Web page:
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Pakistanis Unsurprised by 'Stone Age' Remark
[Opinion] Musharraf claims U.S. threatened violence if Islamabad did not join War on Terror
Awab Alvi (drawab)     Print Article 
Published 2006-09-23 15:18 (KST)   
In an interview on "CBS 60 Minutes," the president of Pakistan, Gen. Pervez Musharraf, said that immediately after 9/11, U.S. Deputy Secretary of State Richard Armitage warned Pakistan's head of Intelligence that if Pakistan would not join the War on Terror it should:

"Be prepared to be bombed. Be prepared to go back to the Stone Age." (video)

We Pakistanis are not surprised to find out that we were willy-nilly pushed into this partnership in the "War on Terror," knowing the mighty U.S. would just as soon trample all over us and that the emotionally-hyped American public could not care less about us, as was the case with Afghanistan and Iraq.

When the same government, however, says that it will order troops to enter Pakistan to catch Osama bin Laden without the authorization of the Pakistani government, one wonders when this crazed maniac [Bush] will take a time-out to do some thinking.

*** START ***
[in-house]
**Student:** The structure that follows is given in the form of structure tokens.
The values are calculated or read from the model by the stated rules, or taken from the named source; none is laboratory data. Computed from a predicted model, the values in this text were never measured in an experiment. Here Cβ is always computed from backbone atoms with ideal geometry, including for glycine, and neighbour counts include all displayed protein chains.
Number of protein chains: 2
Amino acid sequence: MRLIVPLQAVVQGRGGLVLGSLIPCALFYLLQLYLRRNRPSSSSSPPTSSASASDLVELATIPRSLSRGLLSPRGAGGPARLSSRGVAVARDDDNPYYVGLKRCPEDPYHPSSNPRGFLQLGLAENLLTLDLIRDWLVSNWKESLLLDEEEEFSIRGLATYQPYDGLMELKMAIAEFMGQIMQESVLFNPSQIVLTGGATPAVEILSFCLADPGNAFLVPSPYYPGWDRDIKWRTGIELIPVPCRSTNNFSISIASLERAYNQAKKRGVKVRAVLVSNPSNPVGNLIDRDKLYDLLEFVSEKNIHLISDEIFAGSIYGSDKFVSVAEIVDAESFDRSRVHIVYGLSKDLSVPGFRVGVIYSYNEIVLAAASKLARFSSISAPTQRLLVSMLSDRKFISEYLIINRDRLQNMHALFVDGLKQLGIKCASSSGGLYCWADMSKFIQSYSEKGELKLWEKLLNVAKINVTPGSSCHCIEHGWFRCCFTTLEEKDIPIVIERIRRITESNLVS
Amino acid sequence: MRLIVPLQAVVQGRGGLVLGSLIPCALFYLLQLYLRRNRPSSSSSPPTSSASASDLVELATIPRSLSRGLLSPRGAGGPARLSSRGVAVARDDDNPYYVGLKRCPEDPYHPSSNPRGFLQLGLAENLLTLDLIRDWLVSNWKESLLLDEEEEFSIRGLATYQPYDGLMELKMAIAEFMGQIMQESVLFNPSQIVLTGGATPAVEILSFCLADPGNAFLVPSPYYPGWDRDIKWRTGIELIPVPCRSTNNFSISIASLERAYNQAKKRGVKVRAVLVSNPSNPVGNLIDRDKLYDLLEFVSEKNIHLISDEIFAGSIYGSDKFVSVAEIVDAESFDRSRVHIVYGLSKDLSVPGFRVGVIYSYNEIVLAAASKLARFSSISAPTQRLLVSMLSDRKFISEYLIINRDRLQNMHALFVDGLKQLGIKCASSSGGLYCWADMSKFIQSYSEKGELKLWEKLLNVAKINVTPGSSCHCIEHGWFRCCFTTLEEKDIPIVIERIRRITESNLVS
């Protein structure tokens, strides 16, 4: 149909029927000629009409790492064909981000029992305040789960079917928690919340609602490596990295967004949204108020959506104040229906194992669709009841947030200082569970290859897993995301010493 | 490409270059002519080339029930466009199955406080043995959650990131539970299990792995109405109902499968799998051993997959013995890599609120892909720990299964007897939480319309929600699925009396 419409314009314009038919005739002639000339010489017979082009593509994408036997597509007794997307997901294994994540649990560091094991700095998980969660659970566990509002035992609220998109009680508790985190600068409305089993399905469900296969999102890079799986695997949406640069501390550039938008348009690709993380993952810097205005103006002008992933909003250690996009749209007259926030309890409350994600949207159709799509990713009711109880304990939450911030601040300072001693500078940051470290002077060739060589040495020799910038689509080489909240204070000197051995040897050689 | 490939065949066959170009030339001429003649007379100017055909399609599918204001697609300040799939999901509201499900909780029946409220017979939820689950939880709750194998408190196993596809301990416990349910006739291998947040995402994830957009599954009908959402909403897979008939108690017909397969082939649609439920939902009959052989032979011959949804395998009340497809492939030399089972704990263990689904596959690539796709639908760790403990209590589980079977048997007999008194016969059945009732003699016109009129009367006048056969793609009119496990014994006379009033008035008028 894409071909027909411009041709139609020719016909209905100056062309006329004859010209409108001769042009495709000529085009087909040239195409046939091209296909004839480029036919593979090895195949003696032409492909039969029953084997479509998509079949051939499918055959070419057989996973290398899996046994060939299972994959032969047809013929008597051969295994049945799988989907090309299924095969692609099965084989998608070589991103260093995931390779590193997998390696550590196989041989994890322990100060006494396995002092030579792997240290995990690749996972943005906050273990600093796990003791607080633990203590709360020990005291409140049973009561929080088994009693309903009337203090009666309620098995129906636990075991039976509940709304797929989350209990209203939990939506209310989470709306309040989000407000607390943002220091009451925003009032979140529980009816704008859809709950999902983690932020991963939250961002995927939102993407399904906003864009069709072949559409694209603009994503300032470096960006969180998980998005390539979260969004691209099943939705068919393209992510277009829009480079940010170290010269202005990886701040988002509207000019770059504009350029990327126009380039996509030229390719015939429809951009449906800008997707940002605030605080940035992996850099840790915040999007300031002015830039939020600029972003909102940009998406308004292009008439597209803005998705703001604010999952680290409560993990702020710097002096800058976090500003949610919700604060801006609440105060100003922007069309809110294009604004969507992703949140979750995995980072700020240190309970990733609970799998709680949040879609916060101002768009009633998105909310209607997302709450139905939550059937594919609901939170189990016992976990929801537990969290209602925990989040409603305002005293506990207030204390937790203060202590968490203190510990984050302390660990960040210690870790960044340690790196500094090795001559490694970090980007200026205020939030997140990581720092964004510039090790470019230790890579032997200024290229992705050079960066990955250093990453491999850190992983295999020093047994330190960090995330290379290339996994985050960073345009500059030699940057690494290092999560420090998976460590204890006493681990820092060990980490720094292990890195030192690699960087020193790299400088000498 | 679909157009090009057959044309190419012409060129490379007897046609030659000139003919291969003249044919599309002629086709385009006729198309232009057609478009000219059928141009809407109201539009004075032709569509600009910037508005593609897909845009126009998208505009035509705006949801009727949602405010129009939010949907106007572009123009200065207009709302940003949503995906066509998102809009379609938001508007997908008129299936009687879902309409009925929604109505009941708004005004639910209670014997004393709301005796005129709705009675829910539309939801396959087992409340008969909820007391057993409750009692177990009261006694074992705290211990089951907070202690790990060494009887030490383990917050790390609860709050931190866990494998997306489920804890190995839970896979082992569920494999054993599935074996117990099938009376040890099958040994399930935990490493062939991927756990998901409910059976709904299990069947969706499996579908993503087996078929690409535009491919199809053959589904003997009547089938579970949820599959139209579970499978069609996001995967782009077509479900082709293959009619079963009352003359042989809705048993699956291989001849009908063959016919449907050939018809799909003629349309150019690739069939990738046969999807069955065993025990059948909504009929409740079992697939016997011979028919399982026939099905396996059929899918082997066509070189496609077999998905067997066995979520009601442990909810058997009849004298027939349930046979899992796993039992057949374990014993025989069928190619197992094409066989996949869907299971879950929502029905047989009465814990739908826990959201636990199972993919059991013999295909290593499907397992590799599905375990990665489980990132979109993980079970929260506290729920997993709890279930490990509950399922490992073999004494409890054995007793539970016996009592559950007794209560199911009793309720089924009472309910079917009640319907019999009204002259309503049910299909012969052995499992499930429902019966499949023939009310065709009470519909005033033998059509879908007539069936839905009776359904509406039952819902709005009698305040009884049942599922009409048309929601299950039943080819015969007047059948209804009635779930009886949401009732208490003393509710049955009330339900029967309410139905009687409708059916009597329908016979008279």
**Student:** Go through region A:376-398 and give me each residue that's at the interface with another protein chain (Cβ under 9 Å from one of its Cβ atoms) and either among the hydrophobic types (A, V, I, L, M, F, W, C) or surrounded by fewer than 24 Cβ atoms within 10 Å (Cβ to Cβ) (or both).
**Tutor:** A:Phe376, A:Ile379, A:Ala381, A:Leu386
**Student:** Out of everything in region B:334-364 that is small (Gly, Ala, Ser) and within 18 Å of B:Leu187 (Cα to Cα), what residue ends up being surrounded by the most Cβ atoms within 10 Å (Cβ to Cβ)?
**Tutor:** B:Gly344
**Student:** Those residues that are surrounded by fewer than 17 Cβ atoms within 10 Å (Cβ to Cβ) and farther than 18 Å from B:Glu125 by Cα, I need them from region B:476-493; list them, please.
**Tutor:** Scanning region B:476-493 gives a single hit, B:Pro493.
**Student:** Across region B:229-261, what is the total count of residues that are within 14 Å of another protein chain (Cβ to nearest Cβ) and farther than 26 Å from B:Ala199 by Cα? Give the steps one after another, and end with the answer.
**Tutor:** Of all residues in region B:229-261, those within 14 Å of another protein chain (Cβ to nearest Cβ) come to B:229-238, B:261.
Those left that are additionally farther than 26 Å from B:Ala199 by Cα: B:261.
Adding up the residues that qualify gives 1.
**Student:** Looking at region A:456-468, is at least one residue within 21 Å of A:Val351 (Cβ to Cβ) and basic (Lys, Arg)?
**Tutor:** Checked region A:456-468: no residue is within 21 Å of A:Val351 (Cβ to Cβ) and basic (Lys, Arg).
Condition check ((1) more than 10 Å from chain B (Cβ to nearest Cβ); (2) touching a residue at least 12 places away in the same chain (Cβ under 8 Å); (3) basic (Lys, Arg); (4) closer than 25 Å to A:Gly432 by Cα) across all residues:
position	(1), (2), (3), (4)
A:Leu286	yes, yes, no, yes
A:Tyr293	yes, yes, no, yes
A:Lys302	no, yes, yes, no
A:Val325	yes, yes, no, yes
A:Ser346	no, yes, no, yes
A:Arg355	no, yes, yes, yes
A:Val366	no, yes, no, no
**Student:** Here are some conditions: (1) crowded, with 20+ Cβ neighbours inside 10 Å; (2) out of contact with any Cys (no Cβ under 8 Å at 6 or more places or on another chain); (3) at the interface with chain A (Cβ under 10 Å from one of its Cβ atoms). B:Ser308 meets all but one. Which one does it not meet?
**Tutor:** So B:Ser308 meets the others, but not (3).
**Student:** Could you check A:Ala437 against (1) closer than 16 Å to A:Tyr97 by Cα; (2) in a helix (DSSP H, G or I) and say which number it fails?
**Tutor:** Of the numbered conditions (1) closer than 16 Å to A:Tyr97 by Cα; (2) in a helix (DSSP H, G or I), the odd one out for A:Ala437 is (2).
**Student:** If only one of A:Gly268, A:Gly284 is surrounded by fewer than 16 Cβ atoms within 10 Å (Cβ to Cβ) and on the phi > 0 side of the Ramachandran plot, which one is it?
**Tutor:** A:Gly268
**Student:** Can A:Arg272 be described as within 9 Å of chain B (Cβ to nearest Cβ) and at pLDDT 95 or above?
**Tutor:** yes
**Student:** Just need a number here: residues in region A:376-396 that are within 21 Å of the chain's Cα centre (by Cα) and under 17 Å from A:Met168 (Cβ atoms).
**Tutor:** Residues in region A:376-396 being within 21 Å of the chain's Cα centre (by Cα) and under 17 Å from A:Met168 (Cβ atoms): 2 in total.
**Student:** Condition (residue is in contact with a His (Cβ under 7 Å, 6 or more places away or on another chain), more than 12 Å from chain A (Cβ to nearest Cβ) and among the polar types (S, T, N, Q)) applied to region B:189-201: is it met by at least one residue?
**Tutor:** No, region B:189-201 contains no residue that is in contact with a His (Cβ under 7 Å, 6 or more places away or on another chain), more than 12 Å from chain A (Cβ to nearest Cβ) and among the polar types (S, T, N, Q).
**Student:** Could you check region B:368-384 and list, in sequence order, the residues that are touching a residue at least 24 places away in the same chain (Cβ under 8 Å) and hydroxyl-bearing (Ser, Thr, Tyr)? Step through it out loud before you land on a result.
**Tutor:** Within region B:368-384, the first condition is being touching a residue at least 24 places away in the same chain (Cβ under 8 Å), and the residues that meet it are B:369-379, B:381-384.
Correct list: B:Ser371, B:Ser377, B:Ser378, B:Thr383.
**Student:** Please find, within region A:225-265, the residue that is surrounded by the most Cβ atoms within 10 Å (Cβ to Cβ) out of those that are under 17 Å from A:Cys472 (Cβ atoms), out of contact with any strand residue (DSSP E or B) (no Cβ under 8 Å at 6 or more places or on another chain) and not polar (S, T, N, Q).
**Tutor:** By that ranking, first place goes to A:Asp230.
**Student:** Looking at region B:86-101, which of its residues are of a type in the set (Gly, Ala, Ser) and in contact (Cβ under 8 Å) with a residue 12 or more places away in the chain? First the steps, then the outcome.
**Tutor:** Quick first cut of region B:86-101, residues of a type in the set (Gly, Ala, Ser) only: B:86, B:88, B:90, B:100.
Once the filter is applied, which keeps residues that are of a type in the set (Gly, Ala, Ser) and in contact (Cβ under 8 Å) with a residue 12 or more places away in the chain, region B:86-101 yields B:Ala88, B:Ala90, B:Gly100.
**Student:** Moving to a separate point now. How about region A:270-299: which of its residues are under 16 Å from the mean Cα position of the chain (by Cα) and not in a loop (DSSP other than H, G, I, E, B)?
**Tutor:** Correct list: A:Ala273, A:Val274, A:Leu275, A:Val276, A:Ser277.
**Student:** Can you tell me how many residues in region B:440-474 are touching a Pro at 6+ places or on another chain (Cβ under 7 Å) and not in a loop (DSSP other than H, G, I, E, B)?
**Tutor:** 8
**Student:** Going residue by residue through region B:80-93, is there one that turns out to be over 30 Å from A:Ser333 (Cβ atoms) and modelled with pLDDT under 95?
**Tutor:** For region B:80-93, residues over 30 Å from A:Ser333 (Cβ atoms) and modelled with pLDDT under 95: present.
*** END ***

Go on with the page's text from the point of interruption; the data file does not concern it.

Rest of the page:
Osama and the word "Al-Qaeda" are simply used as mantras to panic naive Americans into authorizing invasions, lest they, God forbid, be labeled as "un-American."

When questioned by the White House Press Corps about the above comment, the President of the United States choose to play dumb yet again, offering the lame excuse, "I just read it in the newspapers."

To avoid an embarrassing rebuttal and confrontation, Musharraf himself ducked the question, lacking the finesse of his U.S. counterpart, and hid behind the excuse of a non-disclosure clause in the contract with the publisher of his autobiography, expected to hit the stores in a few days.

The president of Pakistan barely missed a beat in plugging the book even during his official visit to the U.S., and I sincerely hope that the people of Pakistan will benefit from the royalties ready to flow into our national treasury from his quasi-official book promotion.

It's common for past heads of state to be working on their autobiographies, but this must be a first for a serving president.

In the press conference, Musharraf may have earned a few loyalty points by ducking the all-important question of what might extend his military regime beyond 2007, which has been under threat from all quarters.

Whatever the sentiments brewing back home, it appears that the U.S. media have portrayed this official visit in favorable terms overall, and let's hope they remain so well disposed.
©2006 OhmyNews
Other articles by reporter Awab Alvi

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